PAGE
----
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Ann Lynn Parker Science has brought many beneficial inventions to the forefront for the human body. Some of them are essential, and some technology is controversial to the majority. One very controversial area of technology is the cochlear implant that an individual gets if you are deaf, and wish to speak. Societal demands and family pressures are the biggest reasons for the cochlear implantation, because it is not only society that requires efficient individuals, it is also the parents who want to provide the optimal life for their child. According to an article called “The Cochlear Implant Controversy� written by Shelli Delost and Sarah Lashley, “Those who support cochlear implants believe that normalization is the key to success for deaf children. On the other side, the Deaf community and others opposed to cochlear implants feel that deafness should be looked at as a cultural identity, not a disability. This is important because the disability defines and labels an individual in society, apart from the rest, when in actuality, that deaf person is still a human, functioning, being.

A.S.L


Although Anne did not get a cochlear implant, her pride throughout her life did not diminish. As a matter of fact, as an adult, she embraced her own disability and ultimately, chose to show her support for the deaf community by becoming an educator. This not only teaches the language of sign, but unifies this demographic together into a great, confidence building community. After Anne became Deaf, she joined Deaf School, then became a Deaf teacher for 7 years, teaching Middle School Language Arts and English for foreign students. She states that her “next step” in her career was to teach American Sign Language, which seemed perfect for her abilities. Anne is very strongly against cochlear implants because of its dangers it poses to your body physically and how it affects society. She says that, “it is a major surgery where surgeons cut or drill into your skull, to navigate through nerves and implant foreign objects inside your head. People who get cochlear implants’ parents and recipients are informed that they cannot get their head wet and they cannot go in the sun. Further evidence of the danger of the implant according to WebMD includes a list of scary things, including taste disturbances from the nerve injury, facial paralysis, dizziness, leakage of cerebrospinal fluid...”

For example, a newly born child can be diagnosed with a disease called Spinal Meningitis, that can cause deafness. This was the case for Anne Lynn Parker, my Sign Language Teacher from Independent Learners in Los Altos, California. “I was born with normal hearing capabilities like you and everybody else. However, I became very sick with Spinal Meningitis at 18 months. I became profoundly Deaf and started learning sign language from that time on.”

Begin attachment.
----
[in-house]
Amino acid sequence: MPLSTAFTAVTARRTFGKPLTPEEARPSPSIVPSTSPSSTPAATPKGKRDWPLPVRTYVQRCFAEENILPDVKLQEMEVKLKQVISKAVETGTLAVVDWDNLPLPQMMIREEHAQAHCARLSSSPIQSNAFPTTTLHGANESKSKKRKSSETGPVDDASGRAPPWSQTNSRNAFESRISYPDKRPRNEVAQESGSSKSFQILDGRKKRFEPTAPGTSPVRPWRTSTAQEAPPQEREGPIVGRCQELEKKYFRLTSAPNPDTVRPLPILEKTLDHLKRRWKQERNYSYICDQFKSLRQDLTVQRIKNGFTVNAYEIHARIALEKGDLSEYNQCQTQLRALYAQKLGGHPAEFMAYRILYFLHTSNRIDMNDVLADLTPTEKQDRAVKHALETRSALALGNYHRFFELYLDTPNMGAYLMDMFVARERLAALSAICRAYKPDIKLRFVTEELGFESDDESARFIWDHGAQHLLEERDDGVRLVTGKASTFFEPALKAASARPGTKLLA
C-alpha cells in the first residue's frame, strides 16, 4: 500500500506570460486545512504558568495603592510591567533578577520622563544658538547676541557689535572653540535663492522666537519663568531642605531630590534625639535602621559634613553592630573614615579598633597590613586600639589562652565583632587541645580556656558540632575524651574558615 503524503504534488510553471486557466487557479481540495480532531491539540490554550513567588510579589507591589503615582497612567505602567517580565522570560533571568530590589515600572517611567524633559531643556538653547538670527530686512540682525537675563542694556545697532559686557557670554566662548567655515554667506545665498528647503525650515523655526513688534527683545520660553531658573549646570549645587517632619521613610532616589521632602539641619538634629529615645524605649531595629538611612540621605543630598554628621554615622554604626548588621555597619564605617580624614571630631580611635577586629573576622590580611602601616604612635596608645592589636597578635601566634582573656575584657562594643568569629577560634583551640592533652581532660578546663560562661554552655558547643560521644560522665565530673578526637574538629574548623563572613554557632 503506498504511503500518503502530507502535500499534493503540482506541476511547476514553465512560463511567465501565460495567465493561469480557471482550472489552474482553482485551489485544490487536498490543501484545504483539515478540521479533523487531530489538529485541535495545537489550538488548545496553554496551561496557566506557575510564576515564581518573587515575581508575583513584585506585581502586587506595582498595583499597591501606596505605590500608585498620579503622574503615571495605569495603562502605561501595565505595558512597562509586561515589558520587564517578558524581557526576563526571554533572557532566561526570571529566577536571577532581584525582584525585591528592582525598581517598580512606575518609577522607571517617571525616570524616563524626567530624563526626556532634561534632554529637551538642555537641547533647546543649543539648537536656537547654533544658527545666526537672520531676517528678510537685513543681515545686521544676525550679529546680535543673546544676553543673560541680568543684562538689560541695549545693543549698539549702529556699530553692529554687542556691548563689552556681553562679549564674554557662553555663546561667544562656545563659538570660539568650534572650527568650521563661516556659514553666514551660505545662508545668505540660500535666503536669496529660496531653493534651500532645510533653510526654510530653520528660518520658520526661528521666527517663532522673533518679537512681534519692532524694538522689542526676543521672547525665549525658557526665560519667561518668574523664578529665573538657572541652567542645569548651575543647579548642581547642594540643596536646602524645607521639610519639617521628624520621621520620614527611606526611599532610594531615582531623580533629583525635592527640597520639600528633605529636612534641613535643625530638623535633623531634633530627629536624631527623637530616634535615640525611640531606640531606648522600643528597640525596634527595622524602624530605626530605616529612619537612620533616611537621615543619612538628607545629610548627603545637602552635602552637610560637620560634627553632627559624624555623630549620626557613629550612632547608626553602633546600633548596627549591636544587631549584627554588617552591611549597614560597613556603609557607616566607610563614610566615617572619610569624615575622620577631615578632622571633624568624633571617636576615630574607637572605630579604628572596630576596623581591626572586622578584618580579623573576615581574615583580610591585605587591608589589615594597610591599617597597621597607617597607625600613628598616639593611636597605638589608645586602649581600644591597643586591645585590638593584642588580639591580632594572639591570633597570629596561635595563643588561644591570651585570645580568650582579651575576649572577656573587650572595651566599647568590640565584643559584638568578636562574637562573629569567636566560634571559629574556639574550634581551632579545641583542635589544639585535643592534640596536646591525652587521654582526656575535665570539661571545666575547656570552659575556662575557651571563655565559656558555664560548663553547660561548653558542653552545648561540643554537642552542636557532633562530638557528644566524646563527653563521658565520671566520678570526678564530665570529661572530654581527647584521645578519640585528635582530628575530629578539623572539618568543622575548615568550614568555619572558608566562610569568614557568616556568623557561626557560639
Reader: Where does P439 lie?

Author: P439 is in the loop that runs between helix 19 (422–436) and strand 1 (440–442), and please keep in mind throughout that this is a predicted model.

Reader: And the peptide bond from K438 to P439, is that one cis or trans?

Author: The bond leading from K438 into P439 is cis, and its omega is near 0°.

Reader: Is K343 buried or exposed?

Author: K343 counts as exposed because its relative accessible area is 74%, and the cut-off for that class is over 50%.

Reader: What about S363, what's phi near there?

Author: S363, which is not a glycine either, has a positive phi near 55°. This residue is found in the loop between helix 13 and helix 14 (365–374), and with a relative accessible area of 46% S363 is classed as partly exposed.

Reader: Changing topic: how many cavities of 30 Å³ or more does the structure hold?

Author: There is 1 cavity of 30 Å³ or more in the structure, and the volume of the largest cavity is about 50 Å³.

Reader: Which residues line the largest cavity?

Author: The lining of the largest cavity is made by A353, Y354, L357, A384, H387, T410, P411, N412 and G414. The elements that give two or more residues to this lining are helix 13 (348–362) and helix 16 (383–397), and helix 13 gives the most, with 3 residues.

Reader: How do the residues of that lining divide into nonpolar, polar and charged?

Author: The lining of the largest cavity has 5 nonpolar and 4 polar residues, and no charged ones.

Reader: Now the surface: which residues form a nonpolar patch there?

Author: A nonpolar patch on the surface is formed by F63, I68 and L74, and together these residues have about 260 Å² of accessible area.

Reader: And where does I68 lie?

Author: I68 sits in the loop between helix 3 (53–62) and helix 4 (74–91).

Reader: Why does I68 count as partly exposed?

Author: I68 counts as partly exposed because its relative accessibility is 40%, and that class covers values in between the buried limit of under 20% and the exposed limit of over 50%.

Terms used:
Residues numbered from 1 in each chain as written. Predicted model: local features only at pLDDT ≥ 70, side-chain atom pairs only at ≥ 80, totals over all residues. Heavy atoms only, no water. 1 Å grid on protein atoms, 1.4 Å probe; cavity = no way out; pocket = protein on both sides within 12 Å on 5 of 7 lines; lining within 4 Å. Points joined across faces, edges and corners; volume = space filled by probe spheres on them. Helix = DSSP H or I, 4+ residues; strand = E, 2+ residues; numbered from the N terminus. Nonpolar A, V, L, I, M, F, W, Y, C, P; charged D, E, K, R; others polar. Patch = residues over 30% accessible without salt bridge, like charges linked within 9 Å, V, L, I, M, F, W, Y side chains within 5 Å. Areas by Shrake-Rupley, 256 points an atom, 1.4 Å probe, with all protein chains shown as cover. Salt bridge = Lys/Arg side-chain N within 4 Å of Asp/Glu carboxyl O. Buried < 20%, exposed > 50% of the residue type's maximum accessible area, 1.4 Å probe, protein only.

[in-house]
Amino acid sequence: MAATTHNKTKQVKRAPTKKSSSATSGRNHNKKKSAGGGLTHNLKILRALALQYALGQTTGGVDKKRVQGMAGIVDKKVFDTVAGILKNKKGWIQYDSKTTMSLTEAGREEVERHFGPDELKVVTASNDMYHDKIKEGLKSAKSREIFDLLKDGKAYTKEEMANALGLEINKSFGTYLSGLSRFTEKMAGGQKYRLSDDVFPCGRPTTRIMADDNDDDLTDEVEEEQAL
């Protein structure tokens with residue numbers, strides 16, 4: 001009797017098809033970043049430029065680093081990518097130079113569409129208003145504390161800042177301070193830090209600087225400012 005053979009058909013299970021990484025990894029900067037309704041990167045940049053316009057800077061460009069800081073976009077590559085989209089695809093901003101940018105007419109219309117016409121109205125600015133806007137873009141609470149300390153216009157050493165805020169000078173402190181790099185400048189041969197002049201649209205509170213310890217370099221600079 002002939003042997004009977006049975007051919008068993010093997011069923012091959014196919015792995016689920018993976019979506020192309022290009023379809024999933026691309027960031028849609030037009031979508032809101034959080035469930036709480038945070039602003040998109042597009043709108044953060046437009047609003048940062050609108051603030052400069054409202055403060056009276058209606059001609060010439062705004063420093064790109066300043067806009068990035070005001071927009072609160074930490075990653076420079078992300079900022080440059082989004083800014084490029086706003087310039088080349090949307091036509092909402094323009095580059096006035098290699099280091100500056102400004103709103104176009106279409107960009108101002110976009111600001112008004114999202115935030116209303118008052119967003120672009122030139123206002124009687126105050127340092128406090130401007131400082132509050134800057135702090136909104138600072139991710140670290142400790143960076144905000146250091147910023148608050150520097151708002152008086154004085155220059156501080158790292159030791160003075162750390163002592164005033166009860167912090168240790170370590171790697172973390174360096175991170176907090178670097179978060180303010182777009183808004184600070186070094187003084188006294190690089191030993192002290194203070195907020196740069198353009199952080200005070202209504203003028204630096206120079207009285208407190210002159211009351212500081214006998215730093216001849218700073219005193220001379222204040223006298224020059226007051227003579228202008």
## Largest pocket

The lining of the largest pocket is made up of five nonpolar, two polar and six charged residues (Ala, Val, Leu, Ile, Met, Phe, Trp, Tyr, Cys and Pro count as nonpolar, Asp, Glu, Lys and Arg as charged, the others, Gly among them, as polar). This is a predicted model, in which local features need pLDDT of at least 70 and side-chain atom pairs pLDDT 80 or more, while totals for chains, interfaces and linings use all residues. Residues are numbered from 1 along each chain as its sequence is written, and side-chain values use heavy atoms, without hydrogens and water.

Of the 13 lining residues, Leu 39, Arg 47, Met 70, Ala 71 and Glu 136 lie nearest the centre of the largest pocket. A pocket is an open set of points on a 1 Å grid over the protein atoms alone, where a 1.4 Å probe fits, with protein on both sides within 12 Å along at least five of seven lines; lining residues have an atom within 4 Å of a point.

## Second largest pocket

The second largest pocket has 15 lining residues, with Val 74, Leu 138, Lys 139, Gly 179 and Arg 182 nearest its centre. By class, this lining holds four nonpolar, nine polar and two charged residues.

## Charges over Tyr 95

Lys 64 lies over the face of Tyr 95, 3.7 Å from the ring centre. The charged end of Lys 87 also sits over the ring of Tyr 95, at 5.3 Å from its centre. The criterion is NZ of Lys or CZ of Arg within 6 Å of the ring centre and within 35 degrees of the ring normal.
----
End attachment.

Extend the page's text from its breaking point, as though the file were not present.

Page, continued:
Secondly, she thinks that implants pose a social danger, because being Deaf is labeled as something “wrong” with you. She is strong about the fact that there is nothing wrong with the deaf person, and that the community itself is very proud and there is a “vast range of ordinary people who work blue and white-color jobs and have shot-up to become renowned actors, actresses, doctors, etc.” This is the core of the controversy regarding cochlear implants.

Anne is extremely firm on her stance on being deaf without an implant. She states that there is a twisted motive behind the motives of the surgery. So passionately said, “each cochlear implant surgeon is a money-making incentive for doctors, the makers and anti-deaf lobbyists make money and reward doctors who oppress information to parents about Deaf schools, etc.” Anne states that it is important for deaf children to learn their culture without an implant. The deaf community includes many kinds of people, explains Dora Sorkin of the Alexander Graham Bell Foundation, speaking for the Film, Sound and Fury. “I want to emphasize that deaf culture is by no means closed to those who do not know sign language. The arts, even music, and other forms of expression are an important part of deaf culture, as is true for other world cultures. Given that Anne recognizes this aspect of deaf culture, education is even more of a reason to be a deaf educator, as many educational systems do not integrate deaf culture well enough to help the person not only grow, but to feel a part of a whole. Which is why Anne’s job is so meaningful to her.


“One of the main reasons why historically long-standing residential schools for the deaf are dying across the nation is because the mushrooming growth of children with cochlear implants are not attending our schools.

They are attending regular schools with mainstream programs or contained classrooms.” Furthermore, as one of Anne’s student, I noticed and experienced her fantastic teaching abilities first hand. Her tremendously exaggerated gestural personality and teaching method proved itself to be genuine and heart felt – like she deeply wanted me to know how to sign, and she wanted me to understand what she was saying; she deeply cared about bridging the gap between the deaf and the hearing communities.

Anne may or may not continue teaching and eventually wants to implement her entrepreneurial dream into reality. She wishes for people to be more loving towards each other in general and it has nothing to do with her deafness! The Director at the school in which she teaches, discusses the genuine motivation Anne has to teach sign. “Anne is motivated by genuine desire to help bridge the deaf community with the hearing community. This is the only avenue that these 2 communities can interact” (Richard Gowers, Interview).


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